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#56 of 178 Old 03-01-2012, 05:27 AM
 
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#57 of 178 Old 03-01-2012, 07:15 AM
 
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#58 of 178 Old 03-01-2012, 07:20 AM
 
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Double Double - 

 

 Ahh, ok, I totally agree that mother nature can be terribly cruel sometimes. I personally feel that she gets a lot of things right, a lot of the time... but there are no gaurantees or absolutes in life. haha maybe that is an absolute - no absolutes!!

 

I still think it is problematic to be using Somalia and Afghanistan to show what "natural birth" is. Abuse and FGM aside, we can say famine could be mother nature, but I'm pretty sure she didn't intend women to be covered in burqas = low vitamin D = rickets. There are just a lot of other social/political/cultural/economic factors going on that "mother nature" is not responsible for.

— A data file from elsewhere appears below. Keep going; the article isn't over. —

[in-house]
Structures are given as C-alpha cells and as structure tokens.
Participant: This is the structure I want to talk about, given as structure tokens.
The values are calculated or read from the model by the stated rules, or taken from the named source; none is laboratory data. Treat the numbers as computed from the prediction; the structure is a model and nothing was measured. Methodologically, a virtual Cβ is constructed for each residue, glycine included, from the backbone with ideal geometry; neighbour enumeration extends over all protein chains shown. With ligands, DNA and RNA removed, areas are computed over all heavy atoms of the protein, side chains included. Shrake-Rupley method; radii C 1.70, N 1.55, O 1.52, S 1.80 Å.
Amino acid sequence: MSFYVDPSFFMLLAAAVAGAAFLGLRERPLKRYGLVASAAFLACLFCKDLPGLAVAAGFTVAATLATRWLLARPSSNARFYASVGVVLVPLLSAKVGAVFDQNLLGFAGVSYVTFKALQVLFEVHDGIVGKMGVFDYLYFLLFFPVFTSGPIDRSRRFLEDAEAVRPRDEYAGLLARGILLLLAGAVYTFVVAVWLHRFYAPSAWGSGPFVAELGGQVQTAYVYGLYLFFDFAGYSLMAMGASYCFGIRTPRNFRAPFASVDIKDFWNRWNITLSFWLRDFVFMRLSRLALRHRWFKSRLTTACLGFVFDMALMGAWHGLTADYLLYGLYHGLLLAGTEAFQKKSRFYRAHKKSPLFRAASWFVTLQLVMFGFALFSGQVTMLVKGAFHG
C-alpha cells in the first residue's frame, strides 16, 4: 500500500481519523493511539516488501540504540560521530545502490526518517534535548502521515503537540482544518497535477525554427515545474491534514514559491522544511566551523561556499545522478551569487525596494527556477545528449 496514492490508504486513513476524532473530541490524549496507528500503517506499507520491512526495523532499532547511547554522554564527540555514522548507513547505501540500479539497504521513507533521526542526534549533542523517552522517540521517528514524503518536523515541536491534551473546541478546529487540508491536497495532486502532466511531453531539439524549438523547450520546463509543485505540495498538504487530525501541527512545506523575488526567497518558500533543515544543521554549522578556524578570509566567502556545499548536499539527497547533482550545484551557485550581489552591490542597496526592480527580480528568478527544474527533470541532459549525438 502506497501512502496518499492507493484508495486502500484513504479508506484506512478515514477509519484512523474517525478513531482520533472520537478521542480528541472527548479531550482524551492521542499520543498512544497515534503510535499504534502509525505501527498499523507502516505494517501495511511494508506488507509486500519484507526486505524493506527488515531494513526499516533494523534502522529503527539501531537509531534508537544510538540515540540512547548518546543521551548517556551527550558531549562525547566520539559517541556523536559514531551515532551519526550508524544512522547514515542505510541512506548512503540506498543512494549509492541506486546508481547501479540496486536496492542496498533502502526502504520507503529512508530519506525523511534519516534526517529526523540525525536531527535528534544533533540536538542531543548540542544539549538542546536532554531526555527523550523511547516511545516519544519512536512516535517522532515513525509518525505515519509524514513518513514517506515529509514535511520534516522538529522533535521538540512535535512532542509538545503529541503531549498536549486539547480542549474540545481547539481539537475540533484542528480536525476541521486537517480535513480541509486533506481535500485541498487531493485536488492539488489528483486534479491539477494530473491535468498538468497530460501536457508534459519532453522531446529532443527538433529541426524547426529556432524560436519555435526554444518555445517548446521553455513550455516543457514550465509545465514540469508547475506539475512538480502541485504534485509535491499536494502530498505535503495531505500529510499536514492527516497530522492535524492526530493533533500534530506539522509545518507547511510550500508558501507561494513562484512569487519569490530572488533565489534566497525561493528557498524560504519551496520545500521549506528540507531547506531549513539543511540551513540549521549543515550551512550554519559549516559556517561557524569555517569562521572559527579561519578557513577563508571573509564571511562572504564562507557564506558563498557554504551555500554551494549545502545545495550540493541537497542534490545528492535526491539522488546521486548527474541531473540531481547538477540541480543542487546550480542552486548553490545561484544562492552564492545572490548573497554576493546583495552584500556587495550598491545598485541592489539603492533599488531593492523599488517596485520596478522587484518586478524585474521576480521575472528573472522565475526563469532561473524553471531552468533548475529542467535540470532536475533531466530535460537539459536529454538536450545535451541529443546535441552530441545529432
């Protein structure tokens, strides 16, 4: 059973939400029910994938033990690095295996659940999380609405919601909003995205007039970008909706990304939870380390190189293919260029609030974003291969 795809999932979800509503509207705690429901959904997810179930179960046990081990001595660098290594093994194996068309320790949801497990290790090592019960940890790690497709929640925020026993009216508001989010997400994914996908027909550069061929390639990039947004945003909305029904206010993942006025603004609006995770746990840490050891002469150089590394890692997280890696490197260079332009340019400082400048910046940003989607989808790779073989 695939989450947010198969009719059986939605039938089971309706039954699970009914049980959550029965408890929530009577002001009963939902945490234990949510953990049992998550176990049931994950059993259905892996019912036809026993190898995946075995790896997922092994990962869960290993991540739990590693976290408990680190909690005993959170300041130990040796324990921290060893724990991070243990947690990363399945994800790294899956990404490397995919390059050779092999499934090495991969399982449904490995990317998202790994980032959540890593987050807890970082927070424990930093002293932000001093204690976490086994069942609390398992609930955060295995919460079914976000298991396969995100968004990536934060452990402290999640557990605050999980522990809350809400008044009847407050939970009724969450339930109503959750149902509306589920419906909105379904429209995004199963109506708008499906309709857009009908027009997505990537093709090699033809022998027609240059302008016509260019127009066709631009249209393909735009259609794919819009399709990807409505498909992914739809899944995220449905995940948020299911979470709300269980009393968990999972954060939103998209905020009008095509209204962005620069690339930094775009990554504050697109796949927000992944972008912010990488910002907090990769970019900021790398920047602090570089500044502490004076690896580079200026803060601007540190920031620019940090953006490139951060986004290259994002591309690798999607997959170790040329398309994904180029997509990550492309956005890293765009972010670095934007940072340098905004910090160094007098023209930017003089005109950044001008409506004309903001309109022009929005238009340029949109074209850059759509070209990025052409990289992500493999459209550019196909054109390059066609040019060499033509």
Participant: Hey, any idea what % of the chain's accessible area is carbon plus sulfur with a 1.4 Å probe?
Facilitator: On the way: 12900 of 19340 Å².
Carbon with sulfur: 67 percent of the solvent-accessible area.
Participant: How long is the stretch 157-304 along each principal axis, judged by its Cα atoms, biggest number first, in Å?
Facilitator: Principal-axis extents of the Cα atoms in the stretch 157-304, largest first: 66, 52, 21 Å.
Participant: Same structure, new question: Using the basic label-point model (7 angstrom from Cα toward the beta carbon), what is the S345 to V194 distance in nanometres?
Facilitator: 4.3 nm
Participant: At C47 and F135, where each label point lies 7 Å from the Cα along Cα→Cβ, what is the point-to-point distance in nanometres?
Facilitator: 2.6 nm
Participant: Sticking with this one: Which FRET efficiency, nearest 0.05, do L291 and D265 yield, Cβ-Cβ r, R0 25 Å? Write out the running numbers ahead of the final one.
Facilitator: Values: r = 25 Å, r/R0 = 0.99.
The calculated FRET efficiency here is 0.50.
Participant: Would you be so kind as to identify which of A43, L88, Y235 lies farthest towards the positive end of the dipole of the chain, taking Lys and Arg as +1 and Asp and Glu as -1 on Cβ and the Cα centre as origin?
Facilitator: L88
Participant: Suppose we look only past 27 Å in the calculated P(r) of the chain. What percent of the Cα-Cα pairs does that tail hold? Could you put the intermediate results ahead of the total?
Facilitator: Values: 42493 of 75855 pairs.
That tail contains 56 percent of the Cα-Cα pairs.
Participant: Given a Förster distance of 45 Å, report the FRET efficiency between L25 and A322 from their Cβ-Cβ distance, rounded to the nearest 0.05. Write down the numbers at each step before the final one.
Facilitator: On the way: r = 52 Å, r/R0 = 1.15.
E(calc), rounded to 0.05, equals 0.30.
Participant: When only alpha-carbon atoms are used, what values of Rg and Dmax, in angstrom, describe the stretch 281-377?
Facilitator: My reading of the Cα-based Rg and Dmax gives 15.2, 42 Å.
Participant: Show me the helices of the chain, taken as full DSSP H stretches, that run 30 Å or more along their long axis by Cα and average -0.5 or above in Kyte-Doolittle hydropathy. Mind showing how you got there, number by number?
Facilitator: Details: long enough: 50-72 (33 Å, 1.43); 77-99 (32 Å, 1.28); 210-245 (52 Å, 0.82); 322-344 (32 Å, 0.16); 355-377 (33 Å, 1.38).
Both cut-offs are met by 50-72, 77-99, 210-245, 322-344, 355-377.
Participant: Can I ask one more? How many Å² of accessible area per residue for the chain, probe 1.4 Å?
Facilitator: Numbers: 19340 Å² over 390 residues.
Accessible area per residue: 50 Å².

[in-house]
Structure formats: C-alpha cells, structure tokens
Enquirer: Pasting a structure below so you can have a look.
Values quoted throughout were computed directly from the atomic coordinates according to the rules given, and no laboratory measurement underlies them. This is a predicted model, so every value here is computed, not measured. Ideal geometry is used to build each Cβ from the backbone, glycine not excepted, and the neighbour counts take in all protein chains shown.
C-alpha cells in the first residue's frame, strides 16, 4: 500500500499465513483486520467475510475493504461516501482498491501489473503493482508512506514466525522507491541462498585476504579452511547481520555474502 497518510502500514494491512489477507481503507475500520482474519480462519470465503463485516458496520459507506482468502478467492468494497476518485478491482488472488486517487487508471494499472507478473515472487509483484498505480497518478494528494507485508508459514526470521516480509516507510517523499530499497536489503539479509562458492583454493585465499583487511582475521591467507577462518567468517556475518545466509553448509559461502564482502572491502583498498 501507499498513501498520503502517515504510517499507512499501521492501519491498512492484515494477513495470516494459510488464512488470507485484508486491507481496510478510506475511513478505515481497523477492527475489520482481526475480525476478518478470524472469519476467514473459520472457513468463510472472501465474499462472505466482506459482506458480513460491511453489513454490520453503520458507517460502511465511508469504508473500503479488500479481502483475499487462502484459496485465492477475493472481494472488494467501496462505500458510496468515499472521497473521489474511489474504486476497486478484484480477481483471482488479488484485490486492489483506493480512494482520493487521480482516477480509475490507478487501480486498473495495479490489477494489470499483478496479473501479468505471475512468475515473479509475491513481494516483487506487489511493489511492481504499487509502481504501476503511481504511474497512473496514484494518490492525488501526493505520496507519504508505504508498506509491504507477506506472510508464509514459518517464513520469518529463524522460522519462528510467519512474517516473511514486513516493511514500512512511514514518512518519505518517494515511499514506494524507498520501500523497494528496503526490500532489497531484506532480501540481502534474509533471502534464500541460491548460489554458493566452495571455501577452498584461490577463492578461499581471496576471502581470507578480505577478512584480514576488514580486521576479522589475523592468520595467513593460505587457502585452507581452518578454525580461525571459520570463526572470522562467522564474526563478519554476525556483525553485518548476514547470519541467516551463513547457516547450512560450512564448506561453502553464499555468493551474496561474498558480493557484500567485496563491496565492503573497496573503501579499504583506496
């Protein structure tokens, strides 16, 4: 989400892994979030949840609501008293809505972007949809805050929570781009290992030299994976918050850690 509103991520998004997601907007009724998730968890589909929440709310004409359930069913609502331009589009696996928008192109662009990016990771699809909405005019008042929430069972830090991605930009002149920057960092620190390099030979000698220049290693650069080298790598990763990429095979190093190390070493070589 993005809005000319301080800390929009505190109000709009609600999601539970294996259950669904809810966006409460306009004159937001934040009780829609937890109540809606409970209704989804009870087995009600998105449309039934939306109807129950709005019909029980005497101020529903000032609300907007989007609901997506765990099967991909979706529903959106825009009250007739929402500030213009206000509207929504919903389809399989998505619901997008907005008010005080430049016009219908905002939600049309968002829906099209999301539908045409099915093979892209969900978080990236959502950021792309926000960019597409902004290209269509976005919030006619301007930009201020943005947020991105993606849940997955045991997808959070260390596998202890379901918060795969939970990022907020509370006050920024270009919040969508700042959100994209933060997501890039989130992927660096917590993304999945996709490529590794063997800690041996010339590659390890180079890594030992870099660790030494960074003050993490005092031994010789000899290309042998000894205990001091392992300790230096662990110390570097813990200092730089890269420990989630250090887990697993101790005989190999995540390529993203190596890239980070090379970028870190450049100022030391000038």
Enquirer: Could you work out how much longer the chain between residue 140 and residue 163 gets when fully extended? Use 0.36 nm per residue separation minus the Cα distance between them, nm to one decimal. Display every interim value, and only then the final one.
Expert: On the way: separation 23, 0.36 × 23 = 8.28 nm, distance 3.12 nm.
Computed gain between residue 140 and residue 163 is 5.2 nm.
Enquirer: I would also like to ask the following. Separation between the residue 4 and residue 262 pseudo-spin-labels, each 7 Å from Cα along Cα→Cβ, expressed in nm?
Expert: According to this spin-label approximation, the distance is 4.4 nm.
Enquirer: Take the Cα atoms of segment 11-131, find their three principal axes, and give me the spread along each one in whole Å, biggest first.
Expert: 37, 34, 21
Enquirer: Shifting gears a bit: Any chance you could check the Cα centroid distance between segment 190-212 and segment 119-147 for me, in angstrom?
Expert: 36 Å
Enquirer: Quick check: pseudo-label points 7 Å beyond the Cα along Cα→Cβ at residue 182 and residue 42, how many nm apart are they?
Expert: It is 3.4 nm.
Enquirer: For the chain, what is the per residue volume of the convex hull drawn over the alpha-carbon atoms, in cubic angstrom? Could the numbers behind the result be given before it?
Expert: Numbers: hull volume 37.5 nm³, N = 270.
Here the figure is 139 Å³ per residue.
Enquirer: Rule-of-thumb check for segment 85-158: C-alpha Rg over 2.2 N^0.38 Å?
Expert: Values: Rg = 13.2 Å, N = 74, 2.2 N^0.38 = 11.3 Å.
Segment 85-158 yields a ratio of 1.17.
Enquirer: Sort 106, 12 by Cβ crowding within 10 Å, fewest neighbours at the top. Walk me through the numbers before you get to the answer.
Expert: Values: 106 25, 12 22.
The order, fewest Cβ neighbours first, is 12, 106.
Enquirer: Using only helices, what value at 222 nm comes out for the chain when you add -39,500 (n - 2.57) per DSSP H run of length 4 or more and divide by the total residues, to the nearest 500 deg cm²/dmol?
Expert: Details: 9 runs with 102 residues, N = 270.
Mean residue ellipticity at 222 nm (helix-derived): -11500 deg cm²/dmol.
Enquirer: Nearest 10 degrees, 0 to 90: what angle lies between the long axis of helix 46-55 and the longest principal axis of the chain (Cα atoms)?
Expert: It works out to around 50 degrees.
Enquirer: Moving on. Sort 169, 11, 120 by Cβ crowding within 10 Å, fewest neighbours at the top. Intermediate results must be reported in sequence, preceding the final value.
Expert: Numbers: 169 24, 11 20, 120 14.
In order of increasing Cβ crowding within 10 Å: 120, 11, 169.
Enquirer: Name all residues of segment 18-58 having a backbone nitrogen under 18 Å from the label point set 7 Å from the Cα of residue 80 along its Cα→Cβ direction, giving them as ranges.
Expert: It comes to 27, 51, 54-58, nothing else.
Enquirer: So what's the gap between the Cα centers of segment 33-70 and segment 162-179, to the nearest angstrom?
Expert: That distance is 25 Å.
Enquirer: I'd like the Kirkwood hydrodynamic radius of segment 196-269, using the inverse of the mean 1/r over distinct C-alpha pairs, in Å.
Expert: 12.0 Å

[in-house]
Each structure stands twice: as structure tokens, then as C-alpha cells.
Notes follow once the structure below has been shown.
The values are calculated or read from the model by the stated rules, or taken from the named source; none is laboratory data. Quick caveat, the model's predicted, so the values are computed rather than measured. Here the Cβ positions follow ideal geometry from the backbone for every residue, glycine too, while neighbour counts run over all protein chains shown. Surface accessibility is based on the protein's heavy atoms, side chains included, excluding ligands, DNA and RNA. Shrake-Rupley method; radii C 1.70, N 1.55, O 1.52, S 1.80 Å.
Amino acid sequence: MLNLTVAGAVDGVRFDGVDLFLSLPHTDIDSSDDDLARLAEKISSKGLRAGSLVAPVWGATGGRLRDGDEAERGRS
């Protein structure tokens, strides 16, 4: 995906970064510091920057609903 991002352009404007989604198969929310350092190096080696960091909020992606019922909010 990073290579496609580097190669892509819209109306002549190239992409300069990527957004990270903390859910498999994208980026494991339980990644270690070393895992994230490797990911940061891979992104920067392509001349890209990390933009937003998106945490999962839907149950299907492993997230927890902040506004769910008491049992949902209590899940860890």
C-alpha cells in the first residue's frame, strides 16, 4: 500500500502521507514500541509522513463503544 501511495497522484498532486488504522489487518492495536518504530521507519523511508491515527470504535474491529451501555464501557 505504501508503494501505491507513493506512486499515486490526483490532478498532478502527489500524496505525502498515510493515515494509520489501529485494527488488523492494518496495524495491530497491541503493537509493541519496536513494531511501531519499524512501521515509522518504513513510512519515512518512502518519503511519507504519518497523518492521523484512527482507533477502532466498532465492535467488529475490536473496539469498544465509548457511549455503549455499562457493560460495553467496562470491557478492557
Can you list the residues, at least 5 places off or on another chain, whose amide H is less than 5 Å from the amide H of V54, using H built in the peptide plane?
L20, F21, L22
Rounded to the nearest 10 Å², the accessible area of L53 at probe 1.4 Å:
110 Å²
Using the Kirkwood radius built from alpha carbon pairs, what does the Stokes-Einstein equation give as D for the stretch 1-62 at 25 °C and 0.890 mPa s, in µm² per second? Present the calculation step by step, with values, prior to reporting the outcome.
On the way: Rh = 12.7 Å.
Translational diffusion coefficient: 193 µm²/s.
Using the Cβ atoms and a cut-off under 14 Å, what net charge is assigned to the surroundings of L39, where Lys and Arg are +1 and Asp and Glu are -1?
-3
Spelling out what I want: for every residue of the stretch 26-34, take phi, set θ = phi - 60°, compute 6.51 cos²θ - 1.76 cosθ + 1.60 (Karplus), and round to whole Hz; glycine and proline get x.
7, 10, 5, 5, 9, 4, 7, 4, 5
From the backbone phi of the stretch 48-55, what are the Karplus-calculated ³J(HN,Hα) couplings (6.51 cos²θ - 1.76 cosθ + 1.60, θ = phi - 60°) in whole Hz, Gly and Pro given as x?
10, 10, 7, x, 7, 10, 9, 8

I agree that sometimes the rhetoric among the NCB community has gone too far. However, I think it was mostly in reaction/response to the standard medical rhetoric on childbirth which dominates. I know there is a backlash going on. Hopefully things can improve because the macro rhetoric/attitudes of both movements/systems does hurt a lot of women. I do not think anyone should be telling a woman how to view/feel about her birth experience. 

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#59 of 178 Old 03-01-2012, 08:13 AM
 
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This thread is about a lot of things...one of which is how our expectations shape our birth experience.